You’re so happy the cold, windy weather is coming to a close. You get in the car in a light jacket, only to see the clouds gather... and pretty soon the drizzle turns into a downpour. Snow may be behind us for another year, but unfortunately, the rainy season is just beginning—and in some ways, rain can present even more dangers on the road.

“Spring Cleaning” Your Car Can Help Prevent a Fender Bender on Wet Roads

While you’re changing your sweaters over to t-shirts, take a moment to do some spring cleaning on your vehicle. This doesn’t mean just taking out the snow brush and winter mats, but also checking the:

Tires.

One of the most common causes of wet weather accidents is hydroplaning, or losing contact with the road due to a layer of water between the road and the tires. The treads in your tires help redirect the water on the surface, allowing you to turn without skidding and stop quickly. Under or over-inflated tires, or tires with worn treads won’t provide much grip, so test your tire pressure at least once a month for proper inflation.

Windshield wipers.

It’s easy to neglect your windshield wipers once the snow has melted, but the truth is that these hardworking accessories are usually damaged beyond repair by April. Rubber that has been freezing and unfreezing through the winter may warp, while constantly clearing away ice and road salt can cause blades to crack and chip. Spring showers can come out of nowhere, so make sure your washer fluid is full and your wipers are intact.

Headlights.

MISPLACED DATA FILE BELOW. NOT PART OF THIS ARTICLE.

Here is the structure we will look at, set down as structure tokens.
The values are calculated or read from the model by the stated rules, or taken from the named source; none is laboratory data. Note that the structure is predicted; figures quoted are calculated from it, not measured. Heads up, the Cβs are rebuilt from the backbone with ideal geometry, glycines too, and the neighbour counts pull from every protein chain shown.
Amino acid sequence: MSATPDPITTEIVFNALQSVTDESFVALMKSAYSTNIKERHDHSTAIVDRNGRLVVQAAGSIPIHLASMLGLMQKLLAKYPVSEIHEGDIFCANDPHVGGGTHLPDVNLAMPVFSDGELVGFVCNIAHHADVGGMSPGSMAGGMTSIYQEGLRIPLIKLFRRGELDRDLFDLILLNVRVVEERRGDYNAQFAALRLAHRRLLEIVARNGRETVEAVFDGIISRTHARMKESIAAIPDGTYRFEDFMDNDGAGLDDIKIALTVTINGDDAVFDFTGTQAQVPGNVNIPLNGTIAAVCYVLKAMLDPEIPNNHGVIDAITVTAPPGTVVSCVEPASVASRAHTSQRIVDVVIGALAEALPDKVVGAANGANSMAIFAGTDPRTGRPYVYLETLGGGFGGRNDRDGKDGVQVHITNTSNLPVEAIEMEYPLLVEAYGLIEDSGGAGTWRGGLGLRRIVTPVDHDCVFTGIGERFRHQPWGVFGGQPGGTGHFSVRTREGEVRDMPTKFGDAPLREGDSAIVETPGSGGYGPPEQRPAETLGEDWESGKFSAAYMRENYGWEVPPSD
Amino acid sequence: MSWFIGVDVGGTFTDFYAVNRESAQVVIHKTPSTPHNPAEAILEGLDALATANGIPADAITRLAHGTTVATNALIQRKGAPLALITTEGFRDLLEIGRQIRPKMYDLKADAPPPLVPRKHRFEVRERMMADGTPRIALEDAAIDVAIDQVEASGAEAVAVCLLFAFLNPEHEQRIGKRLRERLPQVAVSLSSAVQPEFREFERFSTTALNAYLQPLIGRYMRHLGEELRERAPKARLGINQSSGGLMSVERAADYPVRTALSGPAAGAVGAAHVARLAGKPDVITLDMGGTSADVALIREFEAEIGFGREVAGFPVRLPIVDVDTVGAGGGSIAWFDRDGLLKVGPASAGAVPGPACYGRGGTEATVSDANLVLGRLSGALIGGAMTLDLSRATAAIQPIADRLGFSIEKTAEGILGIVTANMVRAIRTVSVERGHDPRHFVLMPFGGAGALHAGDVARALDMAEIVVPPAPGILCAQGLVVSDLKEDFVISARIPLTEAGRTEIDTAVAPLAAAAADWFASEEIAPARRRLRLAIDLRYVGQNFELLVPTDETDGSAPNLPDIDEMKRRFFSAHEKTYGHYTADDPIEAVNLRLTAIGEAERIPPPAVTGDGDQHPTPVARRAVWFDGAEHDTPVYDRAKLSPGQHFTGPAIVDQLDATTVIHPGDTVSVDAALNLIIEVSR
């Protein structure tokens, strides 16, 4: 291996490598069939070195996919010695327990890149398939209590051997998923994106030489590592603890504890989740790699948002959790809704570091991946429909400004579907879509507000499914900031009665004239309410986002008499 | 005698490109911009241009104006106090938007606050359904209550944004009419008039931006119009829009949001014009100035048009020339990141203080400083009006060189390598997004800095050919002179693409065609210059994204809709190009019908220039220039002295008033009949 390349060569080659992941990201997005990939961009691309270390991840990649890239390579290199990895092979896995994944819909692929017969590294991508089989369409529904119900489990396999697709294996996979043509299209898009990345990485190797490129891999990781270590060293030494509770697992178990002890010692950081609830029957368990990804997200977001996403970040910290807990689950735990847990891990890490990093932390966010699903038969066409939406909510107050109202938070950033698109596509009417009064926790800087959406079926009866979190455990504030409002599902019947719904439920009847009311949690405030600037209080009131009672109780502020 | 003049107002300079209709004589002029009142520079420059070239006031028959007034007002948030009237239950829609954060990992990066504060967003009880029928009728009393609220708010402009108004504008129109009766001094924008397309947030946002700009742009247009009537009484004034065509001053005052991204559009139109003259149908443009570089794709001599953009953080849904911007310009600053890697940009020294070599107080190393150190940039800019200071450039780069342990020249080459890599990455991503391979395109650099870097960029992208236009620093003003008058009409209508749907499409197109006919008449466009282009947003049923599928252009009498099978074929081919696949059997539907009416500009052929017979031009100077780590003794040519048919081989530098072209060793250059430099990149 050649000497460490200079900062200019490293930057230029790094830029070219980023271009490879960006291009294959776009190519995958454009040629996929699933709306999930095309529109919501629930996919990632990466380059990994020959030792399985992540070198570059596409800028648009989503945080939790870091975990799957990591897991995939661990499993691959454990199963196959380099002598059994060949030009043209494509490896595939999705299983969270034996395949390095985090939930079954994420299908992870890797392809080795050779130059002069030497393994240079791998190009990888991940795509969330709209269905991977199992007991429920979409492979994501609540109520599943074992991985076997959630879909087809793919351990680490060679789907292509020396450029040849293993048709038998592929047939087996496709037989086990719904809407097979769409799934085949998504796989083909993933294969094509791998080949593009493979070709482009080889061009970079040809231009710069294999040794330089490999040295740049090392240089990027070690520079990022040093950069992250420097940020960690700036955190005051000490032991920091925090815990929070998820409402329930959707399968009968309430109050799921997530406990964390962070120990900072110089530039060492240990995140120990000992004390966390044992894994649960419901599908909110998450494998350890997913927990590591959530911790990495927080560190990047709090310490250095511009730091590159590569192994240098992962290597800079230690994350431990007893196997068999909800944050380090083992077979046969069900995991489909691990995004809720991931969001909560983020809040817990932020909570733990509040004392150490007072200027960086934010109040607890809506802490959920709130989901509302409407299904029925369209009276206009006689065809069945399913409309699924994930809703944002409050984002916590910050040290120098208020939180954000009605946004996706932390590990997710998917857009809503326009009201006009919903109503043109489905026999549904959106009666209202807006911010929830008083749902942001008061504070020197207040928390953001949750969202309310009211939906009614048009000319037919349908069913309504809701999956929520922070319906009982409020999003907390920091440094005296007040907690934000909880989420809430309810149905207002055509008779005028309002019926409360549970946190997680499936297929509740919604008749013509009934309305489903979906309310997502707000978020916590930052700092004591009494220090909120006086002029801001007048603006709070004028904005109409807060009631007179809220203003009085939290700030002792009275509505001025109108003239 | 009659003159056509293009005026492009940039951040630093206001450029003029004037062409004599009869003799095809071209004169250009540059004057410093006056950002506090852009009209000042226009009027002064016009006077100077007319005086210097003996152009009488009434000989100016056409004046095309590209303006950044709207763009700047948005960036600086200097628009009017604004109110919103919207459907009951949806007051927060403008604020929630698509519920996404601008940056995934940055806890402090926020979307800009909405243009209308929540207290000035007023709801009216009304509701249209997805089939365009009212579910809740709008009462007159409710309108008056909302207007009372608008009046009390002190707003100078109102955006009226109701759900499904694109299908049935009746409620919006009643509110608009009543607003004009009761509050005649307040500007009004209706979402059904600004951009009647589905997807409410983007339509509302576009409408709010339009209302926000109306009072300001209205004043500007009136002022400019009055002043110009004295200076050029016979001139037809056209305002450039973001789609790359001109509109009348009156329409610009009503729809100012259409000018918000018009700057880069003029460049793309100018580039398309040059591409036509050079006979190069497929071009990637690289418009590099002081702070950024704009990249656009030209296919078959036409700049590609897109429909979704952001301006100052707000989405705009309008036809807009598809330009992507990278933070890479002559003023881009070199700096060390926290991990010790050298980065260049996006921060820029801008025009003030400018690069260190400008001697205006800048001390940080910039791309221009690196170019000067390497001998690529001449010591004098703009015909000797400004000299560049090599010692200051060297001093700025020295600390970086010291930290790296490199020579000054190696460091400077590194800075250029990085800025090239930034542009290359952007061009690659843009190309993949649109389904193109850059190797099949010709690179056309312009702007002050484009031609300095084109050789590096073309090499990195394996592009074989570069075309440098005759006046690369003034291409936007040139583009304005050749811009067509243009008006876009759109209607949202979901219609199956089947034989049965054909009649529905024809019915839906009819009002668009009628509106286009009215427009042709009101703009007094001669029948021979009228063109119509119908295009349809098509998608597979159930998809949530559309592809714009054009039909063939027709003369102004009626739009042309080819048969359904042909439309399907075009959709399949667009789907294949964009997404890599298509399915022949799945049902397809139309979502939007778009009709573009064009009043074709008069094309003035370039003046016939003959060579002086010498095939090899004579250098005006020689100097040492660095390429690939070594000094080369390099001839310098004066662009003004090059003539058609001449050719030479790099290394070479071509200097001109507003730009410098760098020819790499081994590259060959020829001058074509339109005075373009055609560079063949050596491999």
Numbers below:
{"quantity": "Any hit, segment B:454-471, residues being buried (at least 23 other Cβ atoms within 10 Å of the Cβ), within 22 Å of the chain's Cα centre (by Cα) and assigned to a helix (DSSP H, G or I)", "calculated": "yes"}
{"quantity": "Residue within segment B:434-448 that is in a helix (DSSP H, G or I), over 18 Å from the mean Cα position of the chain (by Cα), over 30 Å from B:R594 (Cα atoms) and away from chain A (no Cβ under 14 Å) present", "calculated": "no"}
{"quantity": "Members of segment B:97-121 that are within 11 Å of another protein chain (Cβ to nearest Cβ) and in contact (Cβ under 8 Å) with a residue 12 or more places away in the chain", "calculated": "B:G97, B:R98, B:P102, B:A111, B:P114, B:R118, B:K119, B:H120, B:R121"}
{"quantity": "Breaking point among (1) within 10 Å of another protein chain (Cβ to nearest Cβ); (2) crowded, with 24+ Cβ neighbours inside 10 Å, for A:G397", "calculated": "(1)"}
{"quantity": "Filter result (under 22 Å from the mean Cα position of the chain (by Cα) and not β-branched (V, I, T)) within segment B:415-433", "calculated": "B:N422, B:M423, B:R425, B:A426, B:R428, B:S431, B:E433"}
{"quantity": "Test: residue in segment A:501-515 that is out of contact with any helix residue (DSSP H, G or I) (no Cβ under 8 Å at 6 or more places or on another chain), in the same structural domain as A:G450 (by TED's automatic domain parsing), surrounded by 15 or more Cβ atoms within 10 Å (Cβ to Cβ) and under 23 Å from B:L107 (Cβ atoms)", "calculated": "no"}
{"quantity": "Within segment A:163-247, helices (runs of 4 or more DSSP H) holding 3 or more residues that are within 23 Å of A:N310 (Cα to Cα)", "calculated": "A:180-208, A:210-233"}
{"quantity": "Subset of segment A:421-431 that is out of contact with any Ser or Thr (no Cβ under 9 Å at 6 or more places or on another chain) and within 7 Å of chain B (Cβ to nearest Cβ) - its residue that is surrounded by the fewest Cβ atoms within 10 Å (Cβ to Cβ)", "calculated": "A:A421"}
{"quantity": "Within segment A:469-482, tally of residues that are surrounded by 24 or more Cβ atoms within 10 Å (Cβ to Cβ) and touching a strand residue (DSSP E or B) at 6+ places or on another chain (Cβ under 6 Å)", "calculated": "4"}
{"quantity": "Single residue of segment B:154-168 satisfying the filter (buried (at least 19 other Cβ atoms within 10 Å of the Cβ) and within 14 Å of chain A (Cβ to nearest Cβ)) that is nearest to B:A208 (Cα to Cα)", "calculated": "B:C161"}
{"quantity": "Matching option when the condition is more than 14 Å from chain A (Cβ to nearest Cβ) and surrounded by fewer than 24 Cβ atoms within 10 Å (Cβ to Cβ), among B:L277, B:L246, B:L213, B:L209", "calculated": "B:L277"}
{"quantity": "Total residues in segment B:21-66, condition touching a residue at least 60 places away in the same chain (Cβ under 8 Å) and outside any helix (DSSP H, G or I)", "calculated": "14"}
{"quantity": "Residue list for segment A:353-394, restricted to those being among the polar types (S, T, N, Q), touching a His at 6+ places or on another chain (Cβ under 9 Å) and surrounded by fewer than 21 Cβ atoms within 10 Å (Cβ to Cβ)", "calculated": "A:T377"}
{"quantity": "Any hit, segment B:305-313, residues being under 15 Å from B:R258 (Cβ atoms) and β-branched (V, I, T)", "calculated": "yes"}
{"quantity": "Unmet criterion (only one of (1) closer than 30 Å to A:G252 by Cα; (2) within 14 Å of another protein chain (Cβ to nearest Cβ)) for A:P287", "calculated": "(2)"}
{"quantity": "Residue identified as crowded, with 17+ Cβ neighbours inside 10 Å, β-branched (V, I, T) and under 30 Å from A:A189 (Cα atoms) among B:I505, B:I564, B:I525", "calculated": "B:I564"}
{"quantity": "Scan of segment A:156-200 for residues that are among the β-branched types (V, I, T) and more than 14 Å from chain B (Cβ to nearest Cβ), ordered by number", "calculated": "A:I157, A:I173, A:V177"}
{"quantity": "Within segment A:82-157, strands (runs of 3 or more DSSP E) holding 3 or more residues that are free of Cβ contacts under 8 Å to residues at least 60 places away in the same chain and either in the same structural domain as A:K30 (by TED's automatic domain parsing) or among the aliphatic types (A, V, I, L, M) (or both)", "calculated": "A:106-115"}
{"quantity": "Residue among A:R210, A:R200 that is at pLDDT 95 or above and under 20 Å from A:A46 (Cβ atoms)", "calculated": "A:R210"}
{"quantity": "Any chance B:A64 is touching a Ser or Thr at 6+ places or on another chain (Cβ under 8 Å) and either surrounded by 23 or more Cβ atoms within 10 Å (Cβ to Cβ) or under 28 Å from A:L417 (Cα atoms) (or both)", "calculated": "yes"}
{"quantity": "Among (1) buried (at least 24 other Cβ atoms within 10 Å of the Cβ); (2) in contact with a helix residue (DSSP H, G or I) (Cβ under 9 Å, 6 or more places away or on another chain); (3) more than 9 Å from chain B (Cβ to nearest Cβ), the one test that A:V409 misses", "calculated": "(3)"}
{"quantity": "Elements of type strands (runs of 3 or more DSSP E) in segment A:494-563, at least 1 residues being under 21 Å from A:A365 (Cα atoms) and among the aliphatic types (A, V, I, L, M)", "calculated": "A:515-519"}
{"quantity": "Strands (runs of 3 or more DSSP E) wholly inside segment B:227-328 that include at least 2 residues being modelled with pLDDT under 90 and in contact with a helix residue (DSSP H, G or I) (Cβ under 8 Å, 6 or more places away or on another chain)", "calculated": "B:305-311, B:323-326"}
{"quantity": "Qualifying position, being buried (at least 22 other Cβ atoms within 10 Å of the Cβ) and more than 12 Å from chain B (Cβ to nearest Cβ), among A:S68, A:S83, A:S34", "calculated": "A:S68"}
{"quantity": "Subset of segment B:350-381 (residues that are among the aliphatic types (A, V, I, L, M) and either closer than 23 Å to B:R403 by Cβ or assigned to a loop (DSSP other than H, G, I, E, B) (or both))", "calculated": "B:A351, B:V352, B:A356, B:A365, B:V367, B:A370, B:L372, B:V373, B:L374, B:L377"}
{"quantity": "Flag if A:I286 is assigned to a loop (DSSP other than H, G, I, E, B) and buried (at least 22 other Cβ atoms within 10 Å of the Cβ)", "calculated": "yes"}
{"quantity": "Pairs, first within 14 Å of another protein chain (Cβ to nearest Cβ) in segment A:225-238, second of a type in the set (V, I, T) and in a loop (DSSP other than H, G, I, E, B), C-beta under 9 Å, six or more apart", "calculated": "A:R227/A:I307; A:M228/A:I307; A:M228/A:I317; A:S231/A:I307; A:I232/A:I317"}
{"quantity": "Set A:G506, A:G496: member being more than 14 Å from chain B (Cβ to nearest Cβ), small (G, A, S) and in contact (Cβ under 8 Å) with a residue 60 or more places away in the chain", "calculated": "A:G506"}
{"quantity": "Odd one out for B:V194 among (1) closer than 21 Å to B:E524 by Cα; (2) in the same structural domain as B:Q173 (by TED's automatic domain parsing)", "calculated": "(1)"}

The best way to stay safe in rainy conditions is to make yourself as visible as possible. When the rain starts, turn on your headlights—even if your car is equipped with daytime running lights. If the rain gets so heavy you can barely make out others’ headlights, always pull over or exit the roadway and wait until conditions improve before continuing on your journey.

Taillights.

The next time you are driving with a passenger, take a minute to make sure all of your lights are working. This includes your emergency flashers, taillights, brake lights, and turn signals. Your brake lights are the first defense against a rear-end accident, so make sure they are fully lit—and clean—before setting off.

Cruise control.

Many studies have shown that cruise control can decrease a driver’s reaction time and compromise vehicle control on wet roads. Even if the skies are clear, drivers should always turn off cruise control when the road surface is wet.

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James Roswold
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James Roswold is a Kansas & Missouri personal injury, workers comp, and medical malpractice attorney.